Rossini was due to speak in about thirty minutes, around 11 a.m. GMT, to tell the world what his intentions for Italy were, and prices would move in a flash after that. Walker thought he knew what he wanted to do, but this was a decision that could make or break the rest of his career. He studied the screens for a while, making sure that all his positions were correct, then buzzed DM on the internal line.
‘Hey, are you busy?’
His friend’s voice echoed tinnily from the small loudspeaker. ‘Always. Actually, I was about to come over.’
‘Good. Fire stairs?’
‘Sure, see you in a minute.’
Walker unwrapped a fresh packet of Marlboro Gold and crossed to the back of the trading floor, past hundreds of bankers hunched over their monitors and phones. He pushed open the de-alarmed fire escape, descending a few steps to the empty ‘smokers’ landing’. Though it was obviously against all regulations, a small outdoor ashtray stood near the glass wall; it was taken away every once in a while when there was some inspection, but always magically reappeared within a few hours.
Walker guessed that Dorfmann preferred ignoring the tiny fire-hazard to seeing its nicotine-addicted traders, salespeople and analysts disappear from the building. Someone had even unplugged a couple of the smoke detectors and replaced them with small security cameras. He lit up his Marlboro and exhaled, trying to relax and let his mind trawl through the various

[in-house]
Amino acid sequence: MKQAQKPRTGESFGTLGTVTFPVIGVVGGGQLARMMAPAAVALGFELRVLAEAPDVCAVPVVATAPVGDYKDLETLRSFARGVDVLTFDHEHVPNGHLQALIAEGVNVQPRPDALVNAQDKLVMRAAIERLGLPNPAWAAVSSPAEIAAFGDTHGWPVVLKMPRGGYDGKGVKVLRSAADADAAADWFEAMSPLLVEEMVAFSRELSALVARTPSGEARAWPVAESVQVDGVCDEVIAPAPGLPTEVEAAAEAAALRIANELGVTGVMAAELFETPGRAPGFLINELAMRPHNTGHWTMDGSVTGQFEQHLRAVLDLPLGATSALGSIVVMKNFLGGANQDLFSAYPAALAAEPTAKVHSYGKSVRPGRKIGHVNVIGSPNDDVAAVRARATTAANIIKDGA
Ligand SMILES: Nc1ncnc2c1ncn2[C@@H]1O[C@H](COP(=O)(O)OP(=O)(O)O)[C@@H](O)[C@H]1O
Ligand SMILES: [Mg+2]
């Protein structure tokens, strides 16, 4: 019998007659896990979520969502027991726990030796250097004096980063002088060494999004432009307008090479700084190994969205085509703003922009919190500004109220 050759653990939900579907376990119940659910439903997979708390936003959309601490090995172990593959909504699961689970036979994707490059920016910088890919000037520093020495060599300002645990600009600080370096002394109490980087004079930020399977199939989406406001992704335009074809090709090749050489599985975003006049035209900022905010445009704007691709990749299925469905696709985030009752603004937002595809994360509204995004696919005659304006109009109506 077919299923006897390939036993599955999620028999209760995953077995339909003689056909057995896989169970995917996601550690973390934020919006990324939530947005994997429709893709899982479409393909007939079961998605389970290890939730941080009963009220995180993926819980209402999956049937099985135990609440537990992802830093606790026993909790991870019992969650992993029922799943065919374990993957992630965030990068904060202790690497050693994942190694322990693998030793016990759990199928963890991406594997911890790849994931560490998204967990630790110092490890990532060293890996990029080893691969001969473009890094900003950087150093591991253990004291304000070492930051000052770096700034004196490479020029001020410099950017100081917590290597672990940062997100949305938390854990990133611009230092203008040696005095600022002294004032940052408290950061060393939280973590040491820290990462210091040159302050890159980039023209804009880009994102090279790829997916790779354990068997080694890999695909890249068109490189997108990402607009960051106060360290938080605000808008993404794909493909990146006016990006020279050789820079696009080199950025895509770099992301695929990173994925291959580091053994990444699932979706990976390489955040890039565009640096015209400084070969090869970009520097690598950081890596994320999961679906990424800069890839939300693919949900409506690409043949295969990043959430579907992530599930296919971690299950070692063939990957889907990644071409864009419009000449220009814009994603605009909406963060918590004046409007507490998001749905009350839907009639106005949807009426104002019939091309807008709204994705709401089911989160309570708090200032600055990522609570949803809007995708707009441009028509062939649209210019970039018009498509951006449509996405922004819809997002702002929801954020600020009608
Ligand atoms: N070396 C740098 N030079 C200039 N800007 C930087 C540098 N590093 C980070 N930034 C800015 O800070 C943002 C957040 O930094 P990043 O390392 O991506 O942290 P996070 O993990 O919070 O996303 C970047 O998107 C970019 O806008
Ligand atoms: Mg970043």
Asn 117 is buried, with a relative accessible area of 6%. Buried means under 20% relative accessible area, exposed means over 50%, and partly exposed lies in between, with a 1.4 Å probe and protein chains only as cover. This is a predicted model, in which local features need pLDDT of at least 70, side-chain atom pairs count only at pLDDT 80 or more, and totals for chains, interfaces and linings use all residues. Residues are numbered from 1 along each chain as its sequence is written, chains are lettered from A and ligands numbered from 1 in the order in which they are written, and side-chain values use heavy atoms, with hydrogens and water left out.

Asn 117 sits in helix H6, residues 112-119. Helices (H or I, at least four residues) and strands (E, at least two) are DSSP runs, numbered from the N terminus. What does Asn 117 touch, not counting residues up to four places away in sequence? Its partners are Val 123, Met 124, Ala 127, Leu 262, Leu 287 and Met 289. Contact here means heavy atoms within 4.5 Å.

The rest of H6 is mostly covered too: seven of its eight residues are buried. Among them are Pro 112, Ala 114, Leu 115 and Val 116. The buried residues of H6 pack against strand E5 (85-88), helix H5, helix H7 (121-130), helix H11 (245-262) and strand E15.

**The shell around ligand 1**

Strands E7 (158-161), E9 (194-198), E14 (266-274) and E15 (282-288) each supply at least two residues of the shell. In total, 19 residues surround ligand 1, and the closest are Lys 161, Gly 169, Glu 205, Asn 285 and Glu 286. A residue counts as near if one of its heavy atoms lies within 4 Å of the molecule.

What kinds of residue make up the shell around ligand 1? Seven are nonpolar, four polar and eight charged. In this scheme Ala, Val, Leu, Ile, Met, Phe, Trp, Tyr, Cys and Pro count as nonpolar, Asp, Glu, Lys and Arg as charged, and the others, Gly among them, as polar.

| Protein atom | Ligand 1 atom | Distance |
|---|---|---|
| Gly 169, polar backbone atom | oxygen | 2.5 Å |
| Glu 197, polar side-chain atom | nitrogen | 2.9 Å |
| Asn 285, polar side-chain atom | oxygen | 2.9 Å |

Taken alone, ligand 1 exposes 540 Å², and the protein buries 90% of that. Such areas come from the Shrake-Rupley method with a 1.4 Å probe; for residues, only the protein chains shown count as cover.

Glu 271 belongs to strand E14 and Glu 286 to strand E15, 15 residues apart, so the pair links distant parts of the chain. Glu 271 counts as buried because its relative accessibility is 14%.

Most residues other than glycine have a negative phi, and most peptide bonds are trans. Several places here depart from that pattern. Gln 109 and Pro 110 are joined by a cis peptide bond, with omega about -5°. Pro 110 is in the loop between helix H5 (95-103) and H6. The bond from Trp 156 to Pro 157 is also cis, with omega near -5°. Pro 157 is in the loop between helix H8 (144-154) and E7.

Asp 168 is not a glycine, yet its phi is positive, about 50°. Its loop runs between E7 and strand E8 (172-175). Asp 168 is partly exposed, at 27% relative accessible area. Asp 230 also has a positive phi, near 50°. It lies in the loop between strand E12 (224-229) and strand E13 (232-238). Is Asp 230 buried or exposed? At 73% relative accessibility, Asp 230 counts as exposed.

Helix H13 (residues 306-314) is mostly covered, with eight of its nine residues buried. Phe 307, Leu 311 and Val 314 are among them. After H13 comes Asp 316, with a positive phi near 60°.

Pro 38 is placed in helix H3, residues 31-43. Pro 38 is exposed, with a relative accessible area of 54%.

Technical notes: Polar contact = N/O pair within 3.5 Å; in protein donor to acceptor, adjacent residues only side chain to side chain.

Seconds later DM appeared through the door, grimacing. ‘God, it stinks in here.’
Walker nodded gravely. ‘You should try it at three or four in the afternoon.’
‘You guys are mad. What’s up?’
‘Wanna go to the Snake tonight? We deserve a celebration.’
The mathematician looked at him, surprised. ‘Sure. I’ll meet you there around ten, if you want. Is this really why you buzzed me?’
‘No, of course not. It was just Thomas being a fucking idiot at the wrong time that threw me.’ Walker shrugged, pulled on his cigarette. ‘I’m about to make a huge trade, mate. What does Deep think of the market now?’
‘Alpha is very unclear.’ DM grinned. ‘It still wants to hedge partially and wait.’
‘I don’t give a shit about Alpha. What about our Omega – anything new out of it yet?’
DM pulled out a mini-tablet from one of his suit’s pockets. He smiled like a magician unveiling a trick and unlocked it, handing it over. ‘The monster is about to reverse its virtual portfolio and buy – it’s certain the market will turn back up.’
Walker glanced through the numbers and graphs on the small screen, tapping away at it as he calculated through the possibilities. When he was finally satisfied he nodded and gave it back, sucking a long drag of his cigarette.
‘Good to know I’m not losing my mind.’
‘Maybe you are.’ DM’s voice dripped with sarcasm. ‘Trusting a silly machine on its very first real-life test.’